Note that the main difference is that you'd need to initialize as anonymous hashes instead of lists, so

        %$foo = ( 1, 2, ... ); => my %all_my_hashes; $all_my_hashes{$foo} = { 1 => 2, ... };

        Of course you can also use a ref as top-level, so the reference stands out better (for any value of better):

        my $all_my_hashes; $all_my_hashes->{$foo} = { 1 => 2, ... };

        One *huge* advantage with using a scalar reference is that you can easily (and safe and fast) pass that reference around to other parts of your program and limit the scope.

        Aut-vivivication is your friend!


        Enjoy, Have FUN! H.Merijn
Re^3: variable as hash name
by GrandFather (Cardinal) on Dec 08, 2012 at 06:09 UTC

    so how is that superior to using an explicit "name" level in your hash? Using a variable as a name simply introduces exactly the same effect as adding a "name" level to a hash, but you have no easy way to debug your code. If you use a conventional hash you can use modules like Data::Dump (or better still, use an IDE or the debugger) to inspect the contents of the hash for debugging purposes. Consider:

    #!/usr/bin/perl use strict; use warnings; use Data::Dump; my @loci_codes = qw( Bet01 Bet05 Bet06 Bet12 ); my %data; for my $dataIn ( qw( 230;238;101;103;138;146;112;116;; 230;238;101;103;146;146;108;112;; 224;238;0;0;146;146;110;118;; 238;238;0;0;146;146;112;114;; ) ) { my @alelos = split ";", $dataIn; for my $code (@loci_codes) { ++$data{$code}{shift @alelos}; ++$data{$code}{shift @alelos}; } } Data::Dump::dump(\%data); for my $code (@loci_codes) { print "$code: "; print join ', ', map {"$_ ($data{$code}{$_})"} sort {$a <=> $b} keys %{$data{$c +ode}}; print "\n"; }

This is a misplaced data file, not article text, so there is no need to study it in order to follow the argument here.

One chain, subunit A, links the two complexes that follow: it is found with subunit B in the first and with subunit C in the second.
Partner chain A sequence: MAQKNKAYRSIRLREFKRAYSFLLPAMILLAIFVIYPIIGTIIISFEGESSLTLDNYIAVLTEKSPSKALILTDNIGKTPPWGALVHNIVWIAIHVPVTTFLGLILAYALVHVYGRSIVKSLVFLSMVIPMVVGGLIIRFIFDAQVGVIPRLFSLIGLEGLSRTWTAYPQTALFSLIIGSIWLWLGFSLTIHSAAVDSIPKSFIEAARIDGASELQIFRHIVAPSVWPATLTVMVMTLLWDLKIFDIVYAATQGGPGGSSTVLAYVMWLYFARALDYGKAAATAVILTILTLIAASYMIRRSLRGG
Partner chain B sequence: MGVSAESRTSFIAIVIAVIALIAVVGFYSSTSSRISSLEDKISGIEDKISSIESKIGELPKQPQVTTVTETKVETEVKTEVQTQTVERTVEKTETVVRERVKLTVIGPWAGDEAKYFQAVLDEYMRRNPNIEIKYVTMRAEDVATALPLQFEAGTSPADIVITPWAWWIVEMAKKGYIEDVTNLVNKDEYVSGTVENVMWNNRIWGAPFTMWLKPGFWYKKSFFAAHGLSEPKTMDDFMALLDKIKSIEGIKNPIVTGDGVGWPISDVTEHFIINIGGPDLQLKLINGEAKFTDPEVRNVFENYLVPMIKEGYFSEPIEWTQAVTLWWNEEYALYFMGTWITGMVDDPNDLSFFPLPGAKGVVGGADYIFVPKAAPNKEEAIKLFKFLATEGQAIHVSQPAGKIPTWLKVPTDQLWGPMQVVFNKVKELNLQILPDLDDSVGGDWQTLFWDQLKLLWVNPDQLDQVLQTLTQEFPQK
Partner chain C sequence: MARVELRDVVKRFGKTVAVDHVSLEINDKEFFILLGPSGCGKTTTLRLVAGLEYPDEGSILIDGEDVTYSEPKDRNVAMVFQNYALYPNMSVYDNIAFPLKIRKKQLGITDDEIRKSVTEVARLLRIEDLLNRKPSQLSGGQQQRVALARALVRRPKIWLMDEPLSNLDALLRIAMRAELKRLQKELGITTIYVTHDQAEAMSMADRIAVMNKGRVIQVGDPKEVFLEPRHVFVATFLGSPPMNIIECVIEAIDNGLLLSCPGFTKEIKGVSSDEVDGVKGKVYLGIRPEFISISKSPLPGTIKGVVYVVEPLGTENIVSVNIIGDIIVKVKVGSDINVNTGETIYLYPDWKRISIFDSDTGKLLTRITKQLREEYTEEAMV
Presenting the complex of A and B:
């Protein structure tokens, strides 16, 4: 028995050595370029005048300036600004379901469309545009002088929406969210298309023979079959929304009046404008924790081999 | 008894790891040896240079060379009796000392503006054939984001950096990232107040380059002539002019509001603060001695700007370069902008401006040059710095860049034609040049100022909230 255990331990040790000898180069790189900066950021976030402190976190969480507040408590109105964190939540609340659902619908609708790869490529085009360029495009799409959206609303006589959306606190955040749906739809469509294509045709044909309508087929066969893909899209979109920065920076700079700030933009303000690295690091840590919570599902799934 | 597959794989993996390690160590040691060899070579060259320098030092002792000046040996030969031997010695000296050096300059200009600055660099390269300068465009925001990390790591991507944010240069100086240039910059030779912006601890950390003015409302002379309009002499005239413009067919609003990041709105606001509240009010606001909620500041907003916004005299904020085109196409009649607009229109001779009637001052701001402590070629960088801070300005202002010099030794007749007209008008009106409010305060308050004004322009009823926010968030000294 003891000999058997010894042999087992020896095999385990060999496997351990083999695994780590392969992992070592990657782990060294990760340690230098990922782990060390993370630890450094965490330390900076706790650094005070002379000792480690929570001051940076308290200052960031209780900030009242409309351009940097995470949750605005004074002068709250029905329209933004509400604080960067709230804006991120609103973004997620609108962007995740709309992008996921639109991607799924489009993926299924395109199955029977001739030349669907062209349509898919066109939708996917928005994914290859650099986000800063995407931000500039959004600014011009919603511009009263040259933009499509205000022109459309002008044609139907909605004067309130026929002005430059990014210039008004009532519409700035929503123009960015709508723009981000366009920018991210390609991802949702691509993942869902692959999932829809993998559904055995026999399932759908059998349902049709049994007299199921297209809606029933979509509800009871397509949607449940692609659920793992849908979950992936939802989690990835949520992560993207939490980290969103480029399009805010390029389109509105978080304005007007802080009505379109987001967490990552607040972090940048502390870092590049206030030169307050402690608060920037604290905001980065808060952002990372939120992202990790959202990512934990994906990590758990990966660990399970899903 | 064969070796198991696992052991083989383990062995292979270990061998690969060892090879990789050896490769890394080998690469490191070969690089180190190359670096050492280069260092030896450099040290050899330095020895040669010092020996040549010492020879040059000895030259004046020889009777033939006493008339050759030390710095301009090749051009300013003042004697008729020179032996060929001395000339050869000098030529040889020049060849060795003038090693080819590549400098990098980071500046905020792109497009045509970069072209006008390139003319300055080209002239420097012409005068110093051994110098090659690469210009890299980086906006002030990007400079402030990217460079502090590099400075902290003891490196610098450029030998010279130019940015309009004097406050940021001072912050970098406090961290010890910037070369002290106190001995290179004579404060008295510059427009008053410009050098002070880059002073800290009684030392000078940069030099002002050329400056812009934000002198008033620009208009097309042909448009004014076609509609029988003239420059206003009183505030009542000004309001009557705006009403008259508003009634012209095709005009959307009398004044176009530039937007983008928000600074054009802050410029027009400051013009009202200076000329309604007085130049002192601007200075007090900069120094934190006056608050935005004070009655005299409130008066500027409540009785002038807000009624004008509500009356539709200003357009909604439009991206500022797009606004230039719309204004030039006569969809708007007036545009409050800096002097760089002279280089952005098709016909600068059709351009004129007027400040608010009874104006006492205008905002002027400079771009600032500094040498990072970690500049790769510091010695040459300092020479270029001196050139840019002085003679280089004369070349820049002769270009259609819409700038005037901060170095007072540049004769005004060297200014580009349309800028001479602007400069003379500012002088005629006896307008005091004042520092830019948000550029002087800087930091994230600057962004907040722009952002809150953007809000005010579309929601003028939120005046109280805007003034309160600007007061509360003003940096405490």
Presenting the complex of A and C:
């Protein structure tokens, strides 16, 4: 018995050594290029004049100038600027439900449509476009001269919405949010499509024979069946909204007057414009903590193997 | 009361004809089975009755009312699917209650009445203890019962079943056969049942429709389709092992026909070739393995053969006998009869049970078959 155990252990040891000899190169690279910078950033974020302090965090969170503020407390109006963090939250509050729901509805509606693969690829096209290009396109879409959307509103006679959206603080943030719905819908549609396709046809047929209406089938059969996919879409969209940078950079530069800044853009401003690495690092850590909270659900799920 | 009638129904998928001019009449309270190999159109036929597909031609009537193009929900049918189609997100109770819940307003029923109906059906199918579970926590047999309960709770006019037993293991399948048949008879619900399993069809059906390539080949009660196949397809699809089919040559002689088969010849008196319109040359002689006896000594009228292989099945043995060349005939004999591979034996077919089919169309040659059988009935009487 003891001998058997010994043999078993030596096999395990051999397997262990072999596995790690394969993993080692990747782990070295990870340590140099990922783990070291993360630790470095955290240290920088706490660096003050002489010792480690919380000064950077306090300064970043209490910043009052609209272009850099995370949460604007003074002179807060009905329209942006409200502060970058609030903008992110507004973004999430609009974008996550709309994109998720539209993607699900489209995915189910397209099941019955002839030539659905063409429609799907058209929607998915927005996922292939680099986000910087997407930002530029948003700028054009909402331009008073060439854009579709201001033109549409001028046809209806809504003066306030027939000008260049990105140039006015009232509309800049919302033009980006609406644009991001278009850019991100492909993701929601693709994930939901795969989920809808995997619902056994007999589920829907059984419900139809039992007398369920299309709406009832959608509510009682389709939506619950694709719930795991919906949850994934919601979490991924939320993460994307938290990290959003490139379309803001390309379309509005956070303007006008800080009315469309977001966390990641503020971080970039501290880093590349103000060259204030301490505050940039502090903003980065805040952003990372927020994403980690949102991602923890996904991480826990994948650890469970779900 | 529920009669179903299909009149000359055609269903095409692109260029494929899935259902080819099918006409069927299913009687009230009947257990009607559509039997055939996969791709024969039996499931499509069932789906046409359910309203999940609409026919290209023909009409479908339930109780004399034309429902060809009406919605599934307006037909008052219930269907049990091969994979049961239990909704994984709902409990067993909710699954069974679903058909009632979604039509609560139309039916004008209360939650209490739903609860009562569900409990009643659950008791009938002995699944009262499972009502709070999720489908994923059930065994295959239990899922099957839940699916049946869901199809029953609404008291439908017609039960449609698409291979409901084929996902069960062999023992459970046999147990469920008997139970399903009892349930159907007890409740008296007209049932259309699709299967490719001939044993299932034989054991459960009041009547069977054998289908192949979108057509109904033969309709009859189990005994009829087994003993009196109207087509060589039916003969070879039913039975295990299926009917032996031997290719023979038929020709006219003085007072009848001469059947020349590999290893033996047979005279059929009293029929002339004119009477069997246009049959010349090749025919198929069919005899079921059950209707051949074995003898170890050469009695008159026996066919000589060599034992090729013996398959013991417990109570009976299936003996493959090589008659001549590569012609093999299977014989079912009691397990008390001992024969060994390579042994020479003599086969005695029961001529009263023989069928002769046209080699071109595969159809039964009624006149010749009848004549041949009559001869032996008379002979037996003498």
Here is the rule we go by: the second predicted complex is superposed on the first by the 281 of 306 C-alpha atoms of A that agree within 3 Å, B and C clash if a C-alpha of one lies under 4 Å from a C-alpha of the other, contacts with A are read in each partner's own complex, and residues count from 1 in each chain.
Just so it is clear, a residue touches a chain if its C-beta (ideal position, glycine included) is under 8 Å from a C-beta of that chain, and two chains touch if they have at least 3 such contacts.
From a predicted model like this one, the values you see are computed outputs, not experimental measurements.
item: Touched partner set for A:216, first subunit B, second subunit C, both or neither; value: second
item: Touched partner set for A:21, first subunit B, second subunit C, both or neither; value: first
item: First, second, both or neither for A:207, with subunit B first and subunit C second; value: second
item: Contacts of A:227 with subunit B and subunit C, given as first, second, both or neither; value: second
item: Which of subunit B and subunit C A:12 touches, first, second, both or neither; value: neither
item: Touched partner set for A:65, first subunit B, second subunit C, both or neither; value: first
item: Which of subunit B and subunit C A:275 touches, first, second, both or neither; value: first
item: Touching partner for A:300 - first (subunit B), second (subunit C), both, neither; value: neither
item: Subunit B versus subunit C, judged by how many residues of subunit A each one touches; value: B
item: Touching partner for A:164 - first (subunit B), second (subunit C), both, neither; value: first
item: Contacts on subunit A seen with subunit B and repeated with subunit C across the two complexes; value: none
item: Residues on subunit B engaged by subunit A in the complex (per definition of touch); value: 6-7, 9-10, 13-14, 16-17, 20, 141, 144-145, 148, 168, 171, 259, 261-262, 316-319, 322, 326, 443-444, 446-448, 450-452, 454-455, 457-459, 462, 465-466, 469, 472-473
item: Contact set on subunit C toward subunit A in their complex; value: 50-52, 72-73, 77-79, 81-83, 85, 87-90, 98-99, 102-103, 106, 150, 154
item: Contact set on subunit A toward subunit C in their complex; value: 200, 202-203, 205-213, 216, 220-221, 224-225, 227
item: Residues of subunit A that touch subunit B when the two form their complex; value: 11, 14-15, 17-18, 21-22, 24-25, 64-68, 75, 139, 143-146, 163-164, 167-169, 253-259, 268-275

prints:

    { Bet01 => { 224 => 1, 230 => 2, 238 => 5 }, Bet05 => { "0" => 4, "101" => 2, "103" => 2 }, Bet06 => { 138 => 1, 146 => 7 }, Bet12 => { 108 => 1, 110 => 1, 112 => 3, 114 => 1, 116 => 1, 118 => +1 }, } Bet01: 224 (1), 230 (2), 238 (5) Bet05: 0 (4), 101 (2), 103 (2) Bet06: 138 (1), 146 (7) Bet12: 108 (1), 110 (1), 112 (3), 114 (1), 116 (1), 118 (1)
    True laziness is hard work
Re^3: variable as hash name
by davido (Archbishop) on Dec 08, 2012 at 07:33 UTC

    I was hoping that you might come up with some interesting and compelling reason -- some problem that can only be solved by getting your hands dirty in the muck of the symbol table. Instead, I'm seeing a description of a problem that can be solved with one more layer of hard references; a hash of hashes, for example. That, you can read about in perldsc. GrandFather is right; you just need a higher level layer of abstraction; a hash of hashes.

    Your situation doesn't meet the criteria for a good reason to use symbolic references in any code that you intend to keep around on your hard drive for more than a few minutes. You've stated pretty clearly, however, that you're not open to other alternatives; you know what you want, and just needed us to show you how to do it. But as the old saying goes, "now you have two problems."

    It's easy to forget that the symbol table is little more than just a special hash. All of Perl's package globals live in hashes. Perl is implemented to hide that from you most of the time, but behind the scenes, they're there. You don't usually need to fiddle with Perl's hashes when you can create your own to fiddle with instead.


    Dave